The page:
One of the things I want to work on further is the planet building up stuff. But to do that, I'll have to wait until I see how the top players are playing the game. From the Metaverse, I'll start emailing the top players and see how they play. What do they build first? When do they purchase (quick build) something and when do they let it build normally? Which resources should be gotten first? Should I trade with minor races more who aren't likely to go to war with me or use trade as part of my diplomatic arsenal? I have opinions on these things -- strong opinions. And the AI reflects much of this. I know from the gamma testers that they certainly find it pretty challenging.
I know I'm going to hear that a lot because I kept saying it when I'd see the AI do something that I didn't think was possible. One of the changes that has had a far greater impact on the AI's effectiveness is the new economic analysis system. Previously, (including GalCiv I) the AI looked its economy as a matter of how much to spend. It didn't touch taxation. But now I've plugged in the overall approval API into its analysis and it raises and lowers taxes based on a bunch of criteria. The result was unexpected -- the AI focuses somewhat more on getting high approval ratings so it can raise its taxes which in turn gives it more money.
But when I was playing it out of the debugger, all I saw was the AI with a larger economy with a similar population. That meant loading up the game in the debugger and trying to figure out the "bug" to keep it from "cheating" in the future. The result was a higher tax rate than anticipated and the AI going after those morale resources. Let me tell you this -- if you let the AI take and fortify either the morale or influence starbases all the way, you're dead. If you see the galaxy suddenly turn to their color, that's why. Controlling those galactic resources matter a lot in the long term because when they get built up, they can literally double your ability in a given area.
Now, if you set the AI intelligence to "Genius" or higher then it IS cheating. I make no bones about that. If you beat the AI at "intelligent" then you are beating me. Congratulations, you're better than I am at the game. At that point, play some Metaverse games and I'll likely contact you to learn from you. But in a single player game, the player needs to be challenged and if I can't beat you, then there's the option of just handing the AI more money. But that is the key -- the AI isn't getting free units or special attacks. We also don't start you in crummier galaxies or give you poorer planets. The highest levels are just AI gets more money. The reverse is true at lower levels. If you play at beginner, we're giving you money.
The Marketing really ramps up
We've had full page ads going in the major PC game publications in the United States for the last few months. Next month that'll expand to on-line ads, in-store ads, and an expansion on the existing ads with 2-page spreads and such.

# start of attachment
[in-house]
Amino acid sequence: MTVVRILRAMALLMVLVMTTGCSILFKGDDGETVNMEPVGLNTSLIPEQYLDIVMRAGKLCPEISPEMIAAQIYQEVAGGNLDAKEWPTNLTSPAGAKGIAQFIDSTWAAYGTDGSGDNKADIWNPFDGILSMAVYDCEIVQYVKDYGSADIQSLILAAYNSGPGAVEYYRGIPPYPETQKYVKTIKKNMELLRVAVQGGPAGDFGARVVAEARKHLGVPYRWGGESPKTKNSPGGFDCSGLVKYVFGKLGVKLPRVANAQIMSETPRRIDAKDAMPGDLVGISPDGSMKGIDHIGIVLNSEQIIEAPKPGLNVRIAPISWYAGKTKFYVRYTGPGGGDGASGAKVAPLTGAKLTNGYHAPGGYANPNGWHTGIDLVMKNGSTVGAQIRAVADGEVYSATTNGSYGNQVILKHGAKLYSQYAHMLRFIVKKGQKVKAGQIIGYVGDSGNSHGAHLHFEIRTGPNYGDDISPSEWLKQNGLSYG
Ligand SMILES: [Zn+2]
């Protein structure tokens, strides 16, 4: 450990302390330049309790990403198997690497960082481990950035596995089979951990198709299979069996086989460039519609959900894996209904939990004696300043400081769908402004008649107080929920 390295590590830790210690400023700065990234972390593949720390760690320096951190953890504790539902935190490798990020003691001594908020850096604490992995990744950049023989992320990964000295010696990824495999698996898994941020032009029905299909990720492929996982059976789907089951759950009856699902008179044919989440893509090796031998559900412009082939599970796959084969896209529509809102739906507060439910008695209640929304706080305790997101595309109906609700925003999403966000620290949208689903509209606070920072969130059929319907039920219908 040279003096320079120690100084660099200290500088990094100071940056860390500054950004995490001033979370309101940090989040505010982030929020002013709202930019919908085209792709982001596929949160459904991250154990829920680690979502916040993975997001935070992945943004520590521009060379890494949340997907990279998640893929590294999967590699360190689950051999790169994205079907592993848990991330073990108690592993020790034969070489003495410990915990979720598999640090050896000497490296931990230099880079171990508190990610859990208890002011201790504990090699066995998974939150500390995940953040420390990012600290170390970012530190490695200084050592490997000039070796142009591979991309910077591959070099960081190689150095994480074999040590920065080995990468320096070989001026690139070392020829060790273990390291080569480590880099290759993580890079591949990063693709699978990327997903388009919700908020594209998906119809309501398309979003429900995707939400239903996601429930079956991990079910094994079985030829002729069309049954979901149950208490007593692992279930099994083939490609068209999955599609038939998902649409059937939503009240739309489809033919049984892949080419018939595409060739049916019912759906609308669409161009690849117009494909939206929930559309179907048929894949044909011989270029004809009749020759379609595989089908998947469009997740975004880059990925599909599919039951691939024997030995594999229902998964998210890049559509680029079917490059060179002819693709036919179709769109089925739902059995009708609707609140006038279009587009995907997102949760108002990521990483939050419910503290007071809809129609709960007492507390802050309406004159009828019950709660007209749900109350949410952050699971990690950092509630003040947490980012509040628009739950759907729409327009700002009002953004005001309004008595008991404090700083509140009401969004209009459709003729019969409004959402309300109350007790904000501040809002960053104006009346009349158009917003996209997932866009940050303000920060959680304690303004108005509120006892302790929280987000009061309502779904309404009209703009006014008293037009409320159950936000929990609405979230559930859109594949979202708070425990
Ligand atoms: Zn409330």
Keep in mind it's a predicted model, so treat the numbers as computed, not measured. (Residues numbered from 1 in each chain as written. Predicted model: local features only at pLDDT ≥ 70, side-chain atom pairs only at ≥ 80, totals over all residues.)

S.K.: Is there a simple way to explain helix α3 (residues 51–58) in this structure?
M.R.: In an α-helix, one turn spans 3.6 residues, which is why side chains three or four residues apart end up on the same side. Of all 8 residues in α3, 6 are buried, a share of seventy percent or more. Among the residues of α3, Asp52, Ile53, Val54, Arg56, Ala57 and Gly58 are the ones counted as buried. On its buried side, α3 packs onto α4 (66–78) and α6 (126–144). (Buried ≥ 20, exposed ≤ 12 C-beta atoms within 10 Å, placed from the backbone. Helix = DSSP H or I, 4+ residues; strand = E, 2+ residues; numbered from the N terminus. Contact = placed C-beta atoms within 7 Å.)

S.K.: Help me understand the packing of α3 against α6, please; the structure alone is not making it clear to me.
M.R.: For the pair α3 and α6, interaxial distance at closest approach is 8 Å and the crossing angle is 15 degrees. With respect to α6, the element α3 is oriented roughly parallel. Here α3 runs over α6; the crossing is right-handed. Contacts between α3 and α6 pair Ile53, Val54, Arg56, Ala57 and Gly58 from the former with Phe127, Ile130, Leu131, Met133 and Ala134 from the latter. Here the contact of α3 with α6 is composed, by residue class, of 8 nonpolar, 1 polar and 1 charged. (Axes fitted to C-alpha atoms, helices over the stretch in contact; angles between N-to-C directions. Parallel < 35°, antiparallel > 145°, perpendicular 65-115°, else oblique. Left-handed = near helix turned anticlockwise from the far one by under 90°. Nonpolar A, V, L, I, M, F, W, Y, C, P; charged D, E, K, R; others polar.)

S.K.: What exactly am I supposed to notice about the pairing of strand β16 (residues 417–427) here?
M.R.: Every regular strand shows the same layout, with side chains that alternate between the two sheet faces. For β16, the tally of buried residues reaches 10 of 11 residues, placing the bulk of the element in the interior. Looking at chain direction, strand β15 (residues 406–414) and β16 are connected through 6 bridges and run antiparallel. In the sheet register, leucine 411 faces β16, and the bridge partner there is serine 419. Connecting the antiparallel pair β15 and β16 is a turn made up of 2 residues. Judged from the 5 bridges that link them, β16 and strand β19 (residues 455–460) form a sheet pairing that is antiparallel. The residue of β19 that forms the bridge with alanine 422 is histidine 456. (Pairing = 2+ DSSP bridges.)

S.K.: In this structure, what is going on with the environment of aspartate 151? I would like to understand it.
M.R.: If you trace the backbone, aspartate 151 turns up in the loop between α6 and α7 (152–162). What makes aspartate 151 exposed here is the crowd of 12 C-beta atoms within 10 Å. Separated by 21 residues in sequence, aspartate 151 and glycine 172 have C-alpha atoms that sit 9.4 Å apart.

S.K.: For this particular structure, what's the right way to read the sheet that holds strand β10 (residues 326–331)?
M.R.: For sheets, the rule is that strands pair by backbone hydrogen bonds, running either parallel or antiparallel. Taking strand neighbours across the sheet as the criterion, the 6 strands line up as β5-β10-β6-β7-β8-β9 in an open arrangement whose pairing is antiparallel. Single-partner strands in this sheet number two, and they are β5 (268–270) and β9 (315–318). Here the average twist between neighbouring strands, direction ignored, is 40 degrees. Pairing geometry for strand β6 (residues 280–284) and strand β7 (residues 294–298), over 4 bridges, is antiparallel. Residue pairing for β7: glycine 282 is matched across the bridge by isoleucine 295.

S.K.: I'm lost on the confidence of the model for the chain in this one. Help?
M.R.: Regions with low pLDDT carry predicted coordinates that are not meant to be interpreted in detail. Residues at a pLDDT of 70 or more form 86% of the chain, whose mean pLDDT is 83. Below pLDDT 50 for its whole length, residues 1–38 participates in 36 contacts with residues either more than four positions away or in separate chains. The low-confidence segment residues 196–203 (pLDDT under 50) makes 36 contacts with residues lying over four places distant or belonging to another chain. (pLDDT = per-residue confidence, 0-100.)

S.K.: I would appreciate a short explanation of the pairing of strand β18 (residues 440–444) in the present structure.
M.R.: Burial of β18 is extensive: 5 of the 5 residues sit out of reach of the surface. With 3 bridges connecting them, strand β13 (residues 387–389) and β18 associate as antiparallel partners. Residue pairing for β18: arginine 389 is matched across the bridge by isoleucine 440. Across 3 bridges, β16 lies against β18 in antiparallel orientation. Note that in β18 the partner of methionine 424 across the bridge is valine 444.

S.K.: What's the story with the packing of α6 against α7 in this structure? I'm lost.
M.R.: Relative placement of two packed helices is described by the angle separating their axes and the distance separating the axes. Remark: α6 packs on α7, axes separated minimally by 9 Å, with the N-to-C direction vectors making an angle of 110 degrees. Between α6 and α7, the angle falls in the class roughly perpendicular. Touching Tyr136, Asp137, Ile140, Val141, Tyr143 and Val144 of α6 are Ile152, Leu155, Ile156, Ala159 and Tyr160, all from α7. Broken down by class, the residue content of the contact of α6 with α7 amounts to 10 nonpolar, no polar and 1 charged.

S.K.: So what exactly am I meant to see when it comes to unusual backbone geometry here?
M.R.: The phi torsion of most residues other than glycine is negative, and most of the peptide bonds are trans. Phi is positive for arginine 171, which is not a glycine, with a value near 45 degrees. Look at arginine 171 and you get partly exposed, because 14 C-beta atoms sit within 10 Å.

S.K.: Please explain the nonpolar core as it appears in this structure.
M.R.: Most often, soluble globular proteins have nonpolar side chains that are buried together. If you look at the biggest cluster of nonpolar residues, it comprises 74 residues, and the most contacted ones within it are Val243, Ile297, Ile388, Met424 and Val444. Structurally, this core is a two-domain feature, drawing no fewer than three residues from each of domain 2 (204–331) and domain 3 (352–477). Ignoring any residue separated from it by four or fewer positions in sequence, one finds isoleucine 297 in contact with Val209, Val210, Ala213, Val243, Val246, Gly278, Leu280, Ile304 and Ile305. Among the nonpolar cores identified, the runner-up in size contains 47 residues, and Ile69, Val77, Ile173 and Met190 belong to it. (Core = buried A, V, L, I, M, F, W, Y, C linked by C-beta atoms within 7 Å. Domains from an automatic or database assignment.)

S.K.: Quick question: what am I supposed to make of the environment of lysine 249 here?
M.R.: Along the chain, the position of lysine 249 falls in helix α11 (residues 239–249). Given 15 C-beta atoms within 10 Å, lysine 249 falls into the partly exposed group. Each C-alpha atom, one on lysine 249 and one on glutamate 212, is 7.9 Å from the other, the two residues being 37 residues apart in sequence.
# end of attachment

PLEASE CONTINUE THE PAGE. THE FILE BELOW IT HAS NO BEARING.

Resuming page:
Now, to gamers reading this, that's all to be expected. But the costs are amazing. A full page ad in a major game publication can cost well over $10k per month. An in-store ad, a good one, can cost $30k. Even the major gaming sites can charge pretty big bucks for this. There aren't very many indie developers out there. There are even fewer indie developer/publishers. And we're trying to be certain not to cut any corners.
Meanwhile, in Europe, we teamed up with Paradox to make sure the game is available in Europe at the same time. Paradox, makers of Europa Universalis and Hearts of Iron are kindred spirits. Initially it'll only be available in English but German, Italian, Russian, Polish, and other languages are in the works. It should also be available down under (Australia and New Zealand) around the same time but I'm not as up to speed on what's happening on that front.
So far, we've got orders from WalMart, Best Buy, CompUSA, EB, GameStop, Jack of All Games, Circuit City and a few others. Users who pre-order get the collector's edition which besides having a cool looking box get the tech tree poster, the GalCiv Desktop, and extra game content (additional pieces for the ships, etc.). Cost is the same as the regular. Users who have pre-ordered it from us directly can also get the same thing.
The initial availability is going to be 3-times what the first GalCiv was. We're very excited
The reviews always make me nervous. Very nervous. Two years of work and I can tell you the reviews on an indie game can make or break it. Now that we're not as obscure, we tend to get the better reviewers. Back in the days of Entrepreneur (our first Windows game) we'd be lucky to get assigned to a reviewer who would play the game. It was discouraging to have worked so hard on something and have some reviewer not even give it 10 minutes before writing the review. But like I said, things are much better now. By GalCiv I the major game magazines knew us enough to make sure that their solid reviewers checked it out.
Good reviewers don't necessarily mean positive reviews though. It just means they'll give it a fair shot which is all you can ask for.